• Improving inventory efficiency. In addition to driving up storage-related costs, having excess stock can make it harder to track and locate materials, which is not only inefficient from a time perspective, but can also see older stock get lost or forgotten about.  
  • Streamlining supply chain processes. When manufacturers know exactly what they need and when they need it, it’s easier to plan ahead. EOQ helps manufacturers optimize their ordering patterns, anticipate shortages, and plan for supply chain issues more effectively.  

The EOQ Formula

The formula for EOQ is:

√(2 * Annual Demand * Annual Ordering Costs / Annual Holding Costs) 

Let’s break down the variables: 

  • Annual demand represents how much of the material the facility uses in a given year to meet customers’ demand for the product. To calculate it, multiply the amount of the material used for each produced unit by the number of units sold in the year. 
  • Annual ordering costs represent the fixed costs associated with ordering the product each year. To find it, multiply the cost of each shipment by the number of orders you need to make each year to meet demand. 
  • Annual holding costs: the price per unit, per year, for holding inventory

Now for the rest of the equation:

  • Multiplying by 2: The “2” at the beginning of the equation represents the 2 constants (ordering cost and holding cost).is simply a constant multiplier, that allows us to take the square root of a single value.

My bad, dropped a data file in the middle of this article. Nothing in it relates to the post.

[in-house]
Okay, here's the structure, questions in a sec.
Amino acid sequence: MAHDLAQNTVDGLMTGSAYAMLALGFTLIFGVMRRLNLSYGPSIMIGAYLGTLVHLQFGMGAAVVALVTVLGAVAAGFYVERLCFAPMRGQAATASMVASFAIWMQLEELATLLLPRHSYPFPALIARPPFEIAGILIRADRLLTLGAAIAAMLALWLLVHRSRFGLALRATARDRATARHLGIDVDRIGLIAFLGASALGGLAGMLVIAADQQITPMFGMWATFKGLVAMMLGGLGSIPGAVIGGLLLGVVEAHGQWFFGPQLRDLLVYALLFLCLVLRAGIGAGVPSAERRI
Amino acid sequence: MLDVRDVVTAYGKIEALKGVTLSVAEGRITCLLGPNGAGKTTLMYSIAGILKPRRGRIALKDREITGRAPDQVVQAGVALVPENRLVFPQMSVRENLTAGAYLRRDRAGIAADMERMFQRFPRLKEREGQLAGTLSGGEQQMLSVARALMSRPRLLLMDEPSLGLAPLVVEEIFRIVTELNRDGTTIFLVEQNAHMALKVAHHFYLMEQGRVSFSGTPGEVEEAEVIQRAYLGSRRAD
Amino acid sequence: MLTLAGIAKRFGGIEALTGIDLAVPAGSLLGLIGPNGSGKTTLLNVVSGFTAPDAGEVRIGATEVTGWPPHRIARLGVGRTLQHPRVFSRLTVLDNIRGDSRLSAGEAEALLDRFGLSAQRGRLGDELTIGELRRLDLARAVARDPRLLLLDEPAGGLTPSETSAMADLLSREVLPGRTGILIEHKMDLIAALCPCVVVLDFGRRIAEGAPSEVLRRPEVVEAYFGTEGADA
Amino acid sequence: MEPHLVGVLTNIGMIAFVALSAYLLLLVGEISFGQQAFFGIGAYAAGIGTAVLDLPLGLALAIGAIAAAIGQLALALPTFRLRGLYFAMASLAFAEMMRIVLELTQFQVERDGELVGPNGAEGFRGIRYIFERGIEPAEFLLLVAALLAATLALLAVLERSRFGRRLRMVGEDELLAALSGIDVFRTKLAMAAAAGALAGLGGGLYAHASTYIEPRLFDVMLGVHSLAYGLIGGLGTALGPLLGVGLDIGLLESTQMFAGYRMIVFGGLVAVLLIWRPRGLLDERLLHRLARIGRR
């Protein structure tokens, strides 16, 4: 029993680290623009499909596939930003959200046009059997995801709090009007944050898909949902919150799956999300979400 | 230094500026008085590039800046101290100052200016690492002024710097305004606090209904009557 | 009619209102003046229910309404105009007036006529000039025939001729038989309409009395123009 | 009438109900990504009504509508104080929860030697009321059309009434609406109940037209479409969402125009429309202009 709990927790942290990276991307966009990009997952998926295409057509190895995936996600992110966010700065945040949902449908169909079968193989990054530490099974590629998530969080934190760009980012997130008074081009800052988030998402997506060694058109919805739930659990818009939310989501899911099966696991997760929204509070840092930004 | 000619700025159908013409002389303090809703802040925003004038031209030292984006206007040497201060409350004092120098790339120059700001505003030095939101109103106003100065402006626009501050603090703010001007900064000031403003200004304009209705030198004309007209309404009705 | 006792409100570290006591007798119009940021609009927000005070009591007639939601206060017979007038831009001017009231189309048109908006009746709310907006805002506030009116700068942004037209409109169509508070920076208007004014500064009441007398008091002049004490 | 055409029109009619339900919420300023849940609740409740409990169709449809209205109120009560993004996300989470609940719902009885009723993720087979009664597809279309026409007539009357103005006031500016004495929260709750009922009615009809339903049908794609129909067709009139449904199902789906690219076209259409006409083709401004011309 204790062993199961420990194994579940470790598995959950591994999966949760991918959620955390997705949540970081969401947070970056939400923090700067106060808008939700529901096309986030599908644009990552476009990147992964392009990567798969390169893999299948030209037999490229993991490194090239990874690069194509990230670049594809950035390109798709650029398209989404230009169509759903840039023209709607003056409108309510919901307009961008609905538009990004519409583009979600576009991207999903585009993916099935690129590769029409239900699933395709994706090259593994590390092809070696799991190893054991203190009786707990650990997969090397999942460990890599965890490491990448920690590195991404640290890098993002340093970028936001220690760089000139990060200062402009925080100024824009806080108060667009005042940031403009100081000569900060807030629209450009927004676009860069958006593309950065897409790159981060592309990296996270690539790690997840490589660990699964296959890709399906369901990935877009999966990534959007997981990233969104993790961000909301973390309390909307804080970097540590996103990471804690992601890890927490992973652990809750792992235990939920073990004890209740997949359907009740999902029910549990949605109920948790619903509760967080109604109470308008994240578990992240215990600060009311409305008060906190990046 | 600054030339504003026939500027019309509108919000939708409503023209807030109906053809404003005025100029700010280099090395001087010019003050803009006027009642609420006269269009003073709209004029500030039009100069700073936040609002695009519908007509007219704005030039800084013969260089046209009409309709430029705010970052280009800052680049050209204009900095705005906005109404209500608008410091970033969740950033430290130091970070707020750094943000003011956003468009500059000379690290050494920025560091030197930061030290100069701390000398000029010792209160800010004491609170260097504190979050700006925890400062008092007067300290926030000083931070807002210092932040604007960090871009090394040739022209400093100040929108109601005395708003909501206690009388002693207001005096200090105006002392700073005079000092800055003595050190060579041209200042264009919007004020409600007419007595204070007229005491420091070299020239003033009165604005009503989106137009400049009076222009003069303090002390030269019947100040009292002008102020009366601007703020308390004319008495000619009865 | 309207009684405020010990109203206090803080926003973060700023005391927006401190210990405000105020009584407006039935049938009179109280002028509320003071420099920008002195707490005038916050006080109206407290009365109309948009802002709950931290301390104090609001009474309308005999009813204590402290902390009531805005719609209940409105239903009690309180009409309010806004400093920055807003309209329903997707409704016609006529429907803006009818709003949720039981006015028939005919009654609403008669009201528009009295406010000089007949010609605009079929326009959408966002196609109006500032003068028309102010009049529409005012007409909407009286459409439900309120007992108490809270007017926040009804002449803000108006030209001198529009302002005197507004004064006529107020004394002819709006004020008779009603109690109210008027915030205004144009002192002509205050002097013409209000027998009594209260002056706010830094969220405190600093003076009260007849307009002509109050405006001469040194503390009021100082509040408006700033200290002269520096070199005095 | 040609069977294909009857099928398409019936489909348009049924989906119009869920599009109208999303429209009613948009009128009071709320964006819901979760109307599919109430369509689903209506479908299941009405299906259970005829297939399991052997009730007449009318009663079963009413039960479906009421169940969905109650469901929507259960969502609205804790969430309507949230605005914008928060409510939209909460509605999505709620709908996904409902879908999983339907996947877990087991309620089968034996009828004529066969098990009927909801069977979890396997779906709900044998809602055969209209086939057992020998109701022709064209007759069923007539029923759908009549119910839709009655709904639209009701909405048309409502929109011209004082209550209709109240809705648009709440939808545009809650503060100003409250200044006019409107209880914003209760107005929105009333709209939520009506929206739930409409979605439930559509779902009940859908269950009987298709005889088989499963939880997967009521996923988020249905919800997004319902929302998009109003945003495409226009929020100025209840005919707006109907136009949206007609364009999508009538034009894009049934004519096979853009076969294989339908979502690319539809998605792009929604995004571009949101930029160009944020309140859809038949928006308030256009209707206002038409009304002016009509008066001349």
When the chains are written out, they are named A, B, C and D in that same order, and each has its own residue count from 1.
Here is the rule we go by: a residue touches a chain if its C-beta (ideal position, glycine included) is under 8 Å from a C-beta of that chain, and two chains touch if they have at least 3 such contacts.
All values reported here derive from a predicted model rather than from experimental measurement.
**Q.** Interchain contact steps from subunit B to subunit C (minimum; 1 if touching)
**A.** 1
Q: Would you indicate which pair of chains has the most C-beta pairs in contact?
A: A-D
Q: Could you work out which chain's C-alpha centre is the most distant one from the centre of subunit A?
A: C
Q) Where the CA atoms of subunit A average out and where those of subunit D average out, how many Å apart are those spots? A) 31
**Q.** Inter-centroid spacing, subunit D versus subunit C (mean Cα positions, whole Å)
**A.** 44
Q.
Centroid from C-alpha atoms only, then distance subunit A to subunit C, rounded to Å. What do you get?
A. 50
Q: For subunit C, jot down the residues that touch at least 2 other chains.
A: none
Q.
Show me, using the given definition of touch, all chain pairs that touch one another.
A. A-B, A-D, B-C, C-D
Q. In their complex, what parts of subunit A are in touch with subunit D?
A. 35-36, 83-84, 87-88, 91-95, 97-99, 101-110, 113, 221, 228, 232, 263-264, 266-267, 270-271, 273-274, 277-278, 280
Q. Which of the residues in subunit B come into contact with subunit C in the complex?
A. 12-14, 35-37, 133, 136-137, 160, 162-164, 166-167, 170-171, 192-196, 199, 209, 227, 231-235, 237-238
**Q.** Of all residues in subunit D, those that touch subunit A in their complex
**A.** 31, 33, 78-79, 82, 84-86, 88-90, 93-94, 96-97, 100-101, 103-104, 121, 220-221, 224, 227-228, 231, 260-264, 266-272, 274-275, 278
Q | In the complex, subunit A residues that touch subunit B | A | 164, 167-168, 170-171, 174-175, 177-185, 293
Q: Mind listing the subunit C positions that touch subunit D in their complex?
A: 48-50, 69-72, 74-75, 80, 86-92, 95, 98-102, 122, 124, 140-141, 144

• Square root: The square root operation plays a crucial role in the equation. The formula calculates the square root of the product of demand and order cost, divided by the holding cost. This creates a mathematical relationship where: 
    • Higher demand or order costs increase the EOQ, encouraging larger orders to spread the ordering costs over more units. 
    • Higher holding costs push the EOQ in the opposite direction, favoring smaller orders to minimize the financial burden of holding more inventory.

It also prevents negative results, since the number of orders cannot be negative!

EOQ Calculator

TrakSYS: Simplifying EOQ With Automation

EOQ is a powerful optimization tool, but its benefits directly correlate with the accuracy of the business’ knowledge of their operational costs and annual demand. If, like 42% of North American manufacturers, you’re still collecting data using non-digital methods, your understanding of those variables may not reflect the reality of your operations. 

Investing in a Manufacturing Execution System (MES), like TrakSYS™, can help businesses automate their data collection to ensure they accurately reflect real-time conditions. MES platforms centralize data into a singular record, improving material tracking, storage intelligence, production performance, schedule optimization, and more. With all of that information, TrakSYS enables businesses to accurately calculate their EOQ.  

If you’re ready to improve your inventory management, leverage EOQ to refine sourcing, and learn about the comprehensive benefits of end-to-end digitalization, get in touch with us today.